A few first impressions:
An important rule for survival - when you are ready to cross the steet, stop, look the direction you would normally look for traffic, and while still stopped, look the other direction. Otherwise you might get run over by the vehicles driving on the "wrong" side of the road. If you look at the driver to determine what they might be doing, and it looks like he/she might be sleeping - well it's because that person is the passenger! One bit of good news is that many crosswalks have signs painted on the street reminding you which way to look.

The streets and sidewalks are quite clean, and there is no 'dog dew dodging' as in Buenos Aires. I have seen a few stray dogs in the park, and very few being walked on the streets. There are fairly stiff fines for littering, and for jaywalking I believe.
The public transportation is great, with small buses making shorter runs on looping routes, and larger buses and the subway to get all over town. Also "subway" is not the subway, but rather is a pedestrian underpass. The underground train is the MTR, and it is very impressive.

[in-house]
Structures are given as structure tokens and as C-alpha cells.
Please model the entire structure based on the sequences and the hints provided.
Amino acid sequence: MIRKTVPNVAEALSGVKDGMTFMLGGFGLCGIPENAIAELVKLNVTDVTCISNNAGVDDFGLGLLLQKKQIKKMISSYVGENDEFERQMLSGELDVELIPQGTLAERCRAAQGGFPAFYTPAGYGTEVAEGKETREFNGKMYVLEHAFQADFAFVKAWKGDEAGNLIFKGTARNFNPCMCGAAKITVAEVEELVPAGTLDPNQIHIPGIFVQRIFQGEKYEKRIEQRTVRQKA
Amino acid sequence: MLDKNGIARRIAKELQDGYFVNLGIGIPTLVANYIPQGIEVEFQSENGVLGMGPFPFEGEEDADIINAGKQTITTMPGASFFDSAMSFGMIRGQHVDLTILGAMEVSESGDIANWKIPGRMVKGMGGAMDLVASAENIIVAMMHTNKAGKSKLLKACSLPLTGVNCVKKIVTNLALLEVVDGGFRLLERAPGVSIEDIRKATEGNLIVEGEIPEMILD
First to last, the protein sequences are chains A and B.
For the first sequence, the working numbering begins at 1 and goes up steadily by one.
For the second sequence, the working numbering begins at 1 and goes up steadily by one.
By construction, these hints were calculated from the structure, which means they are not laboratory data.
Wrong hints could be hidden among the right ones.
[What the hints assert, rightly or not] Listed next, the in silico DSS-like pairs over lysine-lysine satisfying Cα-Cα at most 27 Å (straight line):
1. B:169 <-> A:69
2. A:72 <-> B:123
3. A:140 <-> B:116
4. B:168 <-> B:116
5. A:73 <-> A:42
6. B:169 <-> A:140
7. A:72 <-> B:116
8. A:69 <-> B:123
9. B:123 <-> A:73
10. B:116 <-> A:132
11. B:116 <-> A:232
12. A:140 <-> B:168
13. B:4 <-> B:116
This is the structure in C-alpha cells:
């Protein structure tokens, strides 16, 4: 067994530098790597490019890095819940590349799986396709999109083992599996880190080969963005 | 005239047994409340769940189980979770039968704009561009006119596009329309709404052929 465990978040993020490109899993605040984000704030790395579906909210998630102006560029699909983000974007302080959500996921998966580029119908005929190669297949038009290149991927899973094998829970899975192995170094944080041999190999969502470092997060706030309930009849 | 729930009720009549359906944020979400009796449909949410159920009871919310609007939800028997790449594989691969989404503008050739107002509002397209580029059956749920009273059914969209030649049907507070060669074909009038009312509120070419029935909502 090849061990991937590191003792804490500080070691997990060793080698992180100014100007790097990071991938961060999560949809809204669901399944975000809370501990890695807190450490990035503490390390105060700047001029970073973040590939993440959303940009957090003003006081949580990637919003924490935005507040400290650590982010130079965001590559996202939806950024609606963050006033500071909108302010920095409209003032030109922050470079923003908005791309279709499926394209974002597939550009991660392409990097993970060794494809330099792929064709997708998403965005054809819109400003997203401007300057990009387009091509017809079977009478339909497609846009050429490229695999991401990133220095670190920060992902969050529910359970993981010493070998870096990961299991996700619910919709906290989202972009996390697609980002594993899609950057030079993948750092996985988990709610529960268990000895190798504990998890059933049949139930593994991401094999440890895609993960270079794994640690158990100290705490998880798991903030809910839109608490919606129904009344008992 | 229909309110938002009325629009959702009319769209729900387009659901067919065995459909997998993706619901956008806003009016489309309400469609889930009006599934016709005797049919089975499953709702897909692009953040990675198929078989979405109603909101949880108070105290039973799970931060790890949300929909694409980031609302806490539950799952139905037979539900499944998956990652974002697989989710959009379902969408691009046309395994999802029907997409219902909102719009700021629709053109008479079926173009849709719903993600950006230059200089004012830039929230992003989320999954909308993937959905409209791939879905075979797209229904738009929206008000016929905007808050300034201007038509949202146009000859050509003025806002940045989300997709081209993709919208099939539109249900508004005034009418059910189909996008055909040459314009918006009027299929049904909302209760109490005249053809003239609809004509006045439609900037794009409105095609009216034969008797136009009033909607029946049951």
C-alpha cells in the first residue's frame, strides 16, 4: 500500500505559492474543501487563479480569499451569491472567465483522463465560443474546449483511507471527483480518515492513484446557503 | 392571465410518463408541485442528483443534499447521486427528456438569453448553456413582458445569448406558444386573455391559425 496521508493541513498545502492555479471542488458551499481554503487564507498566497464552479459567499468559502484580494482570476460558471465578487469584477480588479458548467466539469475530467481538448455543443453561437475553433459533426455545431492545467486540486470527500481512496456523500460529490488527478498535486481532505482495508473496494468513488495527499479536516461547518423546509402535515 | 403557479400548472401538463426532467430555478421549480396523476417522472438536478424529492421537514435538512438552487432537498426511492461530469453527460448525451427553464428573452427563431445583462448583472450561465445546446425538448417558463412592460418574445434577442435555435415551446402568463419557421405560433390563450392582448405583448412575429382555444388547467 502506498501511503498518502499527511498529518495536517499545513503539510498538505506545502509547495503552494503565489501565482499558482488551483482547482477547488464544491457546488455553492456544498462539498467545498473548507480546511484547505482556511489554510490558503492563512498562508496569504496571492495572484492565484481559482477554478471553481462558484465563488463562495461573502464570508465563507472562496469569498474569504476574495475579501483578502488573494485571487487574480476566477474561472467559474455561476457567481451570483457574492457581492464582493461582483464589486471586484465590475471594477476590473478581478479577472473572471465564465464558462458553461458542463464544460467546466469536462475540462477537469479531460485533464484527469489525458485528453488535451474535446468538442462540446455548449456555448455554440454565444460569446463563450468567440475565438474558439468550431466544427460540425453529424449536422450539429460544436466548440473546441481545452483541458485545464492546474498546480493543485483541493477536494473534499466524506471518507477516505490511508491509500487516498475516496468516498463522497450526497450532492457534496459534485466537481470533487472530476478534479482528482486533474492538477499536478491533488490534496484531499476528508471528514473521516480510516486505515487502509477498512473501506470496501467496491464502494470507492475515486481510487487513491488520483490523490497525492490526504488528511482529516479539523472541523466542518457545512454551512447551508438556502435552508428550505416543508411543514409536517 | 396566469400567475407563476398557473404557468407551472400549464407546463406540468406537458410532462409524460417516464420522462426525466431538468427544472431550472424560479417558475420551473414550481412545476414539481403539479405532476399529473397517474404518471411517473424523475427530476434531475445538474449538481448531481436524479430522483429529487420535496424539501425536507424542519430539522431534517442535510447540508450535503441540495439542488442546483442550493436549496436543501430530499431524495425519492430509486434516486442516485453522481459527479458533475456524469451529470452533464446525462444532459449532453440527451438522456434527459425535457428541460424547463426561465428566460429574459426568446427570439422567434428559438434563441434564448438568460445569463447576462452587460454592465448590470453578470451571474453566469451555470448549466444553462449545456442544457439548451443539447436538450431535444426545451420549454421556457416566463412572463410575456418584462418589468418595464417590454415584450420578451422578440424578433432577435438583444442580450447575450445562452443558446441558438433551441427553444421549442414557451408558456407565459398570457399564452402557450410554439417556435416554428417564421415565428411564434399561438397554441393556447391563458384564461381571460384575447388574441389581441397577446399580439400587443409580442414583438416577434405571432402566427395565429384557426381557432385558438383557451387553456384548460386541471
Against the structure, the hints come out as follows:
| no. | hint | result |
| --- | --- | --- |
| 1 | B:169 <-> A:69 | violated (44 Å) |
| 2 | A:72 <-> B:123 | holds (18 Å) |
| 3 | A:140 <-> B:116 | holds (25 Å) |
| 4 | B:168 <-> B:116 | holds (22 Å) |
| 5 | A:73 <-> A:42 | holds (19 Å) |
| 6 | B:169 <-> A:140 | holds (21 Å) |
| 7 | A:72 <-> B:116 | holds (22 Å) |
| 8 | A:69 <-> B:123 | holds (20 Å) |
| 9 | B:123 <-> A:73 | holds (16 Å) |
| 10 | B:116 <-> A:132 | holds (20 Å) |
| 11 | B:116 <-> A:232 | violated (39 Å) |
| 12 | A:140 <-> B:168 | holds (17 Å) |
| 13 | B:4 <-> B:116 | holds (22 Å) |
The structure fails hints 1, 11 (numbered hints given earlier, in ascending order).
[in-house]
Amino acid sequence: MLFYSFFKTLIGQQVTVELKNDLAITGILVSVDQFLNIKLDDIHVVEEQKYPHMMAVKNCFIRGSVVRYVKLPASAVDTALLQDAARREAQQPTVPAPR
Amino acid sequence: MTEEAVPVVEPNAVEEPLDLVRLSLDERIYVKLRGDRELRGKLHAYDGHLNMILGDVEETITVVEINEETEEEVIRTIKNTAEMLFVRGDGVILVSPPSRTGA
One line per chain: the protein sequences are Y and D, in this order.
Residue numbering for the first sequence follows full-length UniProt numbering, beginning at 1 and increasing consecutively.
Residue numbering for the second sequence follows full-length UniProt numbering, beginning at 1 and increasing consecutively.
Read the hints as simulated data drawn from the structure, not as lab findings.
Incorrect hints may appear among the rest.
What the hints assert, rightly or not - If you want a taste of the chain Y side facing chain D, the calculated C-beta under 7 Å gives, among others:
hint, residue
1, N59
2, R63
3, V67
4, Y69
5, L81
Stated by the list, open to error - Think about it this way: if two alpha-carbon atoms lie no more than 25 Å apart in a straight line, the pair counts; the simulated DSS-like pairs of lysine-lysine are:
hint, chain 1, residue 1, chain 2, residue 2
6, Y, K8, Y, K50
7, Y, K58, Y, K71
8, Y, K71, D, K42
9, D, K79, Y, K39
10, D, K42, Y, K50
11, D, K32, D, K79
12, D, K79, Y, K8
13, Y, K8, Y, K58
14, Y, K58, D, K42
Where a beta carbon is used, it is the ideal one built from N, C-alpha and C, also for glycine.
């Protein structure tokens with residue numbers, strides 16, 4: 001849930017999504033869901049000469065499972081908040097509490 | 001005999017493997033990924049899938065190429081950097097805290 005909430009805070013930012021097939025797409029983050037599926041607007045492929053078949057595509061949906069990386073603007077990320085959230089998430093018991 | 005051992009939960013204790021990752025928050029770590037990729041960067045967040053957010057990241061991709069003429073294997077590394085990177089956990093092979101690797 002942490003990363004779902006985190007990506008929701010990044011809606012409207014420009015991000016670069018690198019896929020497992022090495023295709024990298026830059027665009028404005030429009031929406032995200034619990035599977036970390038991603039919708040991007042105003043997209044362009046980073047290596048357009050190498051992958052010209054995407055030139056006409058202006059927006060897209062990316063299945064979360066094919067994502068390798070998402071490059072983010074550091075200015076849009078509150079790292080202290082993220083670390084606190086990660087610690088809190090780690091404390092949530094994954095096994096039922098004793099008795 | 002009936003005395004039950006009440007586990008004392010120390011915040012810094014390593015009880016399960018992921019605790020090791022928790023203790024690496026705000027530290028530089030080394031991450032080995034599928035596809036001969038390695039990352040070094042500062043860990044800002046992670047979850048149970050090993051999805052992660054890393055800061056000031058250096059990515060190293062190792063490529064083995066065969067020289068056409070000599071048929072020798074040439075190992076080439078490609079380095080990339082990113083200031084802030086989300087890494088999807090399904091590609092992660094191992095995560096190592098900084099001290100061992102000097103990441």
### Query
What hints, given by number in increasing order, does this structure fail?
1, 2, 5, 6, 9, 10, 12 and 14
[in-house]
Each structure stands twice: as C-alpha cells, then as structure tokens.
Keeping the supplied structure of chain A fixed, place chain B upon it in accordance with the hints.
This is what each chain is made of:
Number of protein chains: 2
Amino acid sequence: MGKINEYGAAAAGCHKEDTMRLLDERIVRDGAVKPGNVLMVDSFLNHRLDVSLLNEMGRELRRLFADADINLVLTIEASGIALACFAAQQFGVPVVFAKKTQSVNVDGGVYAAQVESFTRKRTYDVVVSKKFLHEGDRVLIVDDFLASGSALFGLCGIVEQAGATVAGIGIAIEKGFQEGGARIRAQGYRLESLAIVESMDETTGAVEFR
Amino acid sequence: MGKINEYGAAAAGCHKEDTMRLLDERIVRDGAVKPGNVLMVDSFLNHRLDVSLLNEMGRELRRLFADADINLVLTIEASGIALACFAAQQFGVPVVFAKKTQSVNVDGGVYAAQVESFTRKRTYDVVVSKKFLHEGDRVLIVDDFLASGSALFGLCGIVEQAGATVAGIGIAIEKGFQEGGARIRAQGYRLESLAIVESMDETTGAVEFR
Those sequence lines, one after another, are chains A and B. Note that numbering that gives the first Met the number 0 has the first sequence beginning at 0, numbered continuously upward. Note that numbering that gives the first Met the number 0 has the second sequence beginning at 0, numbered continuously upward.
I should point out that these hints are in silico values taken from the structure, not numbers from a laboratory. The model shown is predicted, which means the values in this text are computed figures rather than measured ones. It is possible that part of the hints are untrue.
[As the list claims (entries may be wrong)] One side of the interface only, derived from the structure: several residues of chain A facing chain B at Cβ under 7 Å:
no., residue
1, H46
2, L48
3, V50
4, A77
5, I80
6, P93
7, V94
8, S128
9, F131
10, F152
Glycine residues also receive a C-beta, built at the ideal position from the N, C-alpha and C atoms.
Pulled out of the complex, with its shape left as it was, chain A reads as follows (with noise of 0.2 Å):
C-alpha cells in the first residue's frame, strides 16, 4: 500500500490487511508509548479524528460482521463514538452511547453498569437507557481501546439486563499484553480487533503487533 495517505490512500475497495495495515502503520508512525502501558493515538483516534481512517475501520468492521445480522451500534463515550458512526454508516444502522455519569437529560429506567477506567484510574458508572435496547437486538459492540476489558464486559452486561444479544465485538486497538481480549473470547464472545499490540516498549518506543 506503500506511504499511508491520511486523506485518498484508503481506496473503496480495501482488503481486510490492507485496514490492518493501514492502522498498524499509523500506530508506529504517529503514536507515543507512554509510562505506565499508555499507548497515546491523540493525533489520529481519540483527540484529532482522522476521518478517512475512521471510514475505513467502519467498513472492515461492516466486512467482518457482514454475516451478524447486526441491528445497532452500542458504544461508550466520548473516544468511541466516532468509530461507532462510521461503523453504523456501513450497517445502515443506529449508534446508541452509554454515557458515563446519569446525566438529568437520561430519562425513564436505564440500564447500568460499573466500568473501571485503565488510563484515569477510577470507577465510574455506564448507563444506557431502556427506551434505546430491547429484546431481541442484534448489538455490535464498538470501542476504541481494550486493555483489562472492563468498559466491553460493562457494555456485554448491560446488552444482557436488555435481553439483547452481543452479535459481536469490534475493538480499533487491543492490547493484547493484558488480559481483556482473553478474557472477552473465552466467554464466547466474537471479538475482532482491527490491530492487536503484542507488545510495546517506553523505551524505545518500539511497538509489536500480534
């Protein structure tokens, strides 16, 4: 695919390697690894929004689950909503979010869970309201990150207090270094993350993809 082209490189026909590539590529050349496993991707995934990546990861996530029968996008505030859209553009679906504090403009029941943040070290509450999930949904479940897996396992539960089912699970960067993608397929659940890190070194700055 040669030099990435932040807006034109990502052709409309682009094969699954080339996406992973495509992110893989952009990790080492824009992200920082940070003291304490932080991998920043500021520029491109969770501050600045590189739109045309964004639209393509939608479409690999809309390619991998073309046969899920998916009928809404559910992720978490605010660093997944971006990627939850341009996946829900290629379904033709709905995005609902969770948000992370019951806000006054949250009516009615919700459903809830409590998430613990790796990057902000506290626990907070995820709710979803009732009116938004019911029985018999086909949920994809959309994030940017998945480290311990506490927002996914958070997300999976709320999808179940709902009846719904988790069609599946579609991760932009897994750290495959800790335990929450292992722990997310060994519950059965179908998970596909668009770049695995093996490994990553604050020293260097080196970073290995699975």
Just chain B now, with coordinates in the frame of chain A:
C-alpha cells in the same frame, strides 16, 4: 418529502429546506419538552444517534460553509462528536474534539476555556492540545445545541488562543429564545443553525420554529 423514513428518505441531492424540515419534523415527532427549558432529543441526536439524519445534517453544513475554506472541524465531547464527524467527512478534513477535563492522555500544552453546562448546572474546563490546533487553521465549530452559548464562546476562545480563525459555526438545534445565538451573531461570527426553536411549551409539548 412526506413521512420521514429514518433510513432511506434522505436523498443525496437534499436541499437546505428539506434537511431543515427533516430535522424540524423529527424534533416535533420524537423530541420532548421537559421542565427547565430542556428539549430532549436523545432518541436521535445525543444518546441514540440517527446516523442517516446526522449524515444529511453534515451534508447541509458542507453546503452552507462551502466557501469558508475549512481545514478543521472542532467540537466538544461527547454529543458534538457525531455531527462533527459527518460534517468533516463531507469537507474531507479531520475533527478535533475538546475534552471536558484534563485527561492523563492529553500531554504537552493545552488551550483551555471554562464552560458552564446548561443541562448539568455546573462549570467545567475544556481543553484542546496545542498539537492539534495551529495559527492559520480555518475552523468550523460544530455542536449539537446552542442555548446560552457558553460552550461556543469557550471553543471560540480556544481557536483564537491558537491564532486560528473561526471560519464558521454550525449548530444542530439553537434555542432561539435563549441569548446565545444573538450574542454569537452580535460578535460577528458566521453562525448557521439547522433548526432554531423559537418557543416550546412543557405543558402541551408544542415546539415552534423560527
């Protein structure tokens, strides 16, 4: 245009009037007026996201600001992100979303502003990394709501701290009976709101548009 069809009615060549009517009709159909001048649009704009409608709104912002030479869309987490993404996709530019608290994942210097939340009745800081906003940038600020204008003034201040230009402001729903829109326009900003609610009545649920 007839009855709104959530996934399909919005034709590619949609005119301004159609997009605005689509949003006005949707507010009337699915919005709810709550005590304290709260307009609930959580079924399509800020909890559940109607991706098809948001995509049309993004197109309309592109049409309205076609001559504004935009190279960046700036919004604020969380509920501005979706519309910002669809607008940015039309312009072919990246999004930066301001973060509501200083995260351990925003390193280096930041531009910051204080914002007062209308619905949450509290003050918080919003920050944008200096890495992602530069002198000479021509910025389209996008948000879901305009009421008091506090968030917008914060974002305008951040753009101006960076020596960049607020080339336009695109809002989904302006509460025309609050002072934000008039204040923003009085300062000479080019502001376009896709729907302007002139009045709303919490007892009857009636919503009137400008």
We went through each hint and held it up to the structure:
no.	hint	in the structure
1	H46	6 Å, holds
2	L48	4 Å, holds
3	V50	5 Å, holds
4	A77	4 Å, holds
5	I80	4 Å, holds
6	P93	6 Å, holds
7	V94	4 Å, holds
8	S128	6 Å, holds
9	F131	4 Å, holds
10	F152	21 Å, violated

All business and classes at HKBU are in English, and many in Hong Kong speak English, with the 'native' language being Cantonese. Many locals also speak Mandarin/Putonghua, and I have been told that you really only need to know about 2000-3000 characters to be able to read :-)
We were warned that it would be hot and humid, and we were not let down. However, it seems to have already begun to cool down a bit, and by October it is supposed to be pretty nice.

There are numerous basketball courts close by, and all of them have nice nets!
HK is truly one of the places where East meets West - Porsche drivers stopping by the temple to burn incense, high-rise construction cranes surrounded by high-rise bamboo scaffolding, elevators without a 4 button because of the negative connotations of the number four, McDonald's next to hot pot and dim sum, 7-11 and Circle K next to the wet market, vintage Glen Campbell hits playing in the hallways of the Dr. Ng Tor Tai Guesthouse Hotel, and on and on......

Home Away From Home - the NTT Guesthouse Hotel

The Living Room - Nice TV!

The Bedroom and Office

The View from the Hotel
This is looking almost straight south on a nice clear day. The University is on the Kowloon Peninsula, and the high rise buildings in the foreground are on Kowloon, and the buildings and mountains in the distance are on Hong Kong Island. The tallest building in Hong Kong is on the island, and is close to the middle of this picture. Here is a map for "orientation" - the University campus is just south of Beacon Hill.